So I’ve had a lot of questions about Christmas in China and how its celebrated. While this may be my second Christmas here, it is my first year in Chinese primary school, which means working on Christmas day; a strange phenomenon to us Irish Catholics (and I use that term loosely), who are forbidden from venturing anywhere but a church on Christmas day (or the off license; in hope).
The lead up to Christmas here passed without much to note, apart from the odd Christmas carol in Wal-Mart and of course your average llama in a Santa suit.
Although the larger part of China are atheist (government fearing rather than God fearing), Christmas is becoming more popular in recent times, with an influx of cultural influence from the West. There are also some Chinese made modern traditions, such as giving the present of an apple on Christmas Eve because of the relationship between the words Chinese names, apple-ping guo 苹果 and Christmas Eve (literally peaceful night) ping’an ye 平安夜。 Following tradition, one of my students gave me the a large apple wrapped in some lovely wrapping paper, tied neatly with a ribbon.
The school where I work is ‘International’, which in China lends itself to a variety of different kinds of schools. In my case, it means that the school currently employs eight foreign teachers for an international English program; the students get English class with a Chinese English teacher and then Oral English class with a Foreign Teacher (in this case me). This means international festivals like Christmas are celebrated at school too.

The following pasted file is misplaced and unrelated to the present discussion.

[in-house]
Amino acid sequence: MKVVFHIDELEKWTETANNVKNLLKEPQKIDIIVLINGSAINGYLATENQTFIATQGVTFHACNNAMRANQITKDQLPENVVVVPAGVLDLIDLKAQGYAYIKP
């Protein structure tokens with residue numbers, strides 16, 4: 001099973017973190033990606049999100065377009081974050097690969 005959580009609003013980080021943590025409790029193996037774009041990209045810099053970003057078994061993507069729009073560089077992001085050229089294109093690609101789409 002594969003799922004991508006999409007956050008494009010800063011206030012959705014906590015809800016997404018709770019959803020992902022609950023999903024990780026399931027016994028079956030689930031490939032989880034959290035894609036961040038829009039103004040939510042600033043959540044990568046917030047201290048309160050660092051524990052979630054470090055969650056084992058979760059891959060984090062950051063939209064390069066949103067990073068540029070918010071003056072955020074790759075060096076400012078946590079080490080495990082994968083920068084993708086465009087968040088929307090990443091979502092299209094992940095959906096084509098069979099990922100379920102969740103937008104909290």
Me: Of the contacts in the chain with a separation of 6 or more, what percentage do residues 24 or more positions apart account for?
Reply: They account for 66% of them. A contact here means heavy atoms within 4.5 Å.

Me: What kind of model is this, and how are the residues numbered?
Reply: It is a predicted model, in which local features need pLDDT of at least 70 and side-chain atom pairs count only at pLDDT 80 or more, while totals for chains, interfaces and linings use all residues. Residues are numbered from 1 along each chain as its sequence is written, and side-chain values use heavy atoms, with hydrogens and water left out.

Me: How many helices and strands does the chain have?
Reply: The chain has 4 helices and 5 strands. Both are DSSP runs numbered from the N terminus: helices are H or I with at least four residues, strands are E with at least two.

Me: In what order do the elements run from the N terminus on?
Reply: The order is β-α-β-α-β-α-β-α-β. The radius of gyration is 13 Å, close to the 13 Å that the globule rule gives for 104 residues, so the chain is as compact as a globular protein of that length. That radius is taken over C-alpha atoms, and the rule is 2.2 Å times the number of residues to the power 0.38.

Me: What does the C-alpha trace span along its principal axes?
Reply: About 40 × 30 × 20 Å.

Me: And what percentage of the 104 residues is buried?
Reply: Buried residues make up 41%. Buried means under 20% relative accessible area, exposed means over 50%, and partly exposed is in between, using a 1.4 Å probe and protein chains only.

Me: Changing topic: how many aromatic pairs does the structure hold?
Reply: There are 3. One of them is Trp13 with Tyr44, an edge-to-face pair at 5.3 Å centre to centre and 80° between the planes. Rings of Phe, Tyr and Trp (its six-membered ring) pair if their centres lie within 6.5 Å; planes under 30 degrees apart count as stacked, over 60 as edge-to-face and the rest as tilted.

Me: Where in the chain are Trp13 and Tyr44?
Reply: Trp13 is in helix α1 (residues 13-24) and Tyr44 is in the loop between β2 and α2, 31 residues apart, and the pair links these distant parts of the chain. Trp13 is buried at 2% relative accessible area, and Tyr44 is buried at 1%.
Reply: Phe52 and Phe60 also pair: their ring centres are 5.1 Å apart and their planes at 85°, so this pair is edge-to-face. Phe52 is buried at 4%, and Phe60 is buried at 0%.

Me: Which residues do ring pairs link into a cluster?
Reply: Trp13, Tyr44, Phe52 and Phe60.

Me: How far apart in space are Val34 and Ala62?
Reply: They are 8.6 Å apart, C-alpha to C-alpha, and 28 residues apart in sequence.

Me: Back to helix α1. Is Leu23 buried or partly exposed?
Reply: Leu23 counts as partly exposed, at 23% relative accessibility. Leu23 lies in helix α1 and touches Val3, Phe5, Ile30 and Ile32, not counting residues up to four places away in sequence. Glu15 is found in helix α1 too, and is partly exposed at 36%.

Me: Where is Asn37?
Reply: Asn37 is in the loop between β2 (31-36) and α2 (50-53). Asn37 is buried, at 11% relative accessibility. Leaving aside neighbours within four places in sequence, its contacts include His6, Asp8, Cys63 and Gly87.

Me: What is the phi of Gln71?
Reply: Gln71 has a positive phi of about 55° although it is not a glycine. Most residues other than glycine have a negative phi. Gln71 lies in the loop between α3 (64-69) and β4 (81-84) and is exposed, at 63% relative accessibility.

While I was reluctant to work on Christmas Day, being welcomed by a gang of excited six-year-olds all fighting to hug me and wish me Merry Christmas wasn’t so bad. The kids were all wearing their Santa hats (which some of them had hand decorated with different things- one girl took an unusual take and decorated hers in seashells and cupcakes).
Our day consisted of goofing around singing Christmas songs (including the wonderful rip off of B-I-N-G-O),
dancing along with a video of dancing penguins and taking silly photos.
Everyday me and my co teacher swap an English word for a Chinese word-today’s word was photo bomb.
But of course the highlight of my final class of the day; skyping my big sis with my thirty-six students. I hooked the computer up the the big screen TV and after a couple of rings her smiley face appeared on the giant screen, and the mumble of excitement grew louder in the classroom.
I called some students up to talk to her face to face, and as they excitedly asked her “What do you like to eat? What can you do?” I observed with pride.
After the students had exhausted the conversational questions they have learned thus far we said bye to my sister but excitement of talking to her lasted the whole class.
The first time I showed the penguin video to one class, this student (who was also the culprit of Adele’s ‘Rolling in the Deep’ from an earlier blog post) couldn’t contain himself any longer and leapt from his chair to dance.
After class was finished for the day I wandered to the canteen thinking Christmas at school hadn’t been so bad after all.
Finally it was time for my Christmas lunch and I caught myself thinking perhaps the food would even be a little special today too.
It seems my Christmas wish was in vain.
Happy Holidays lads!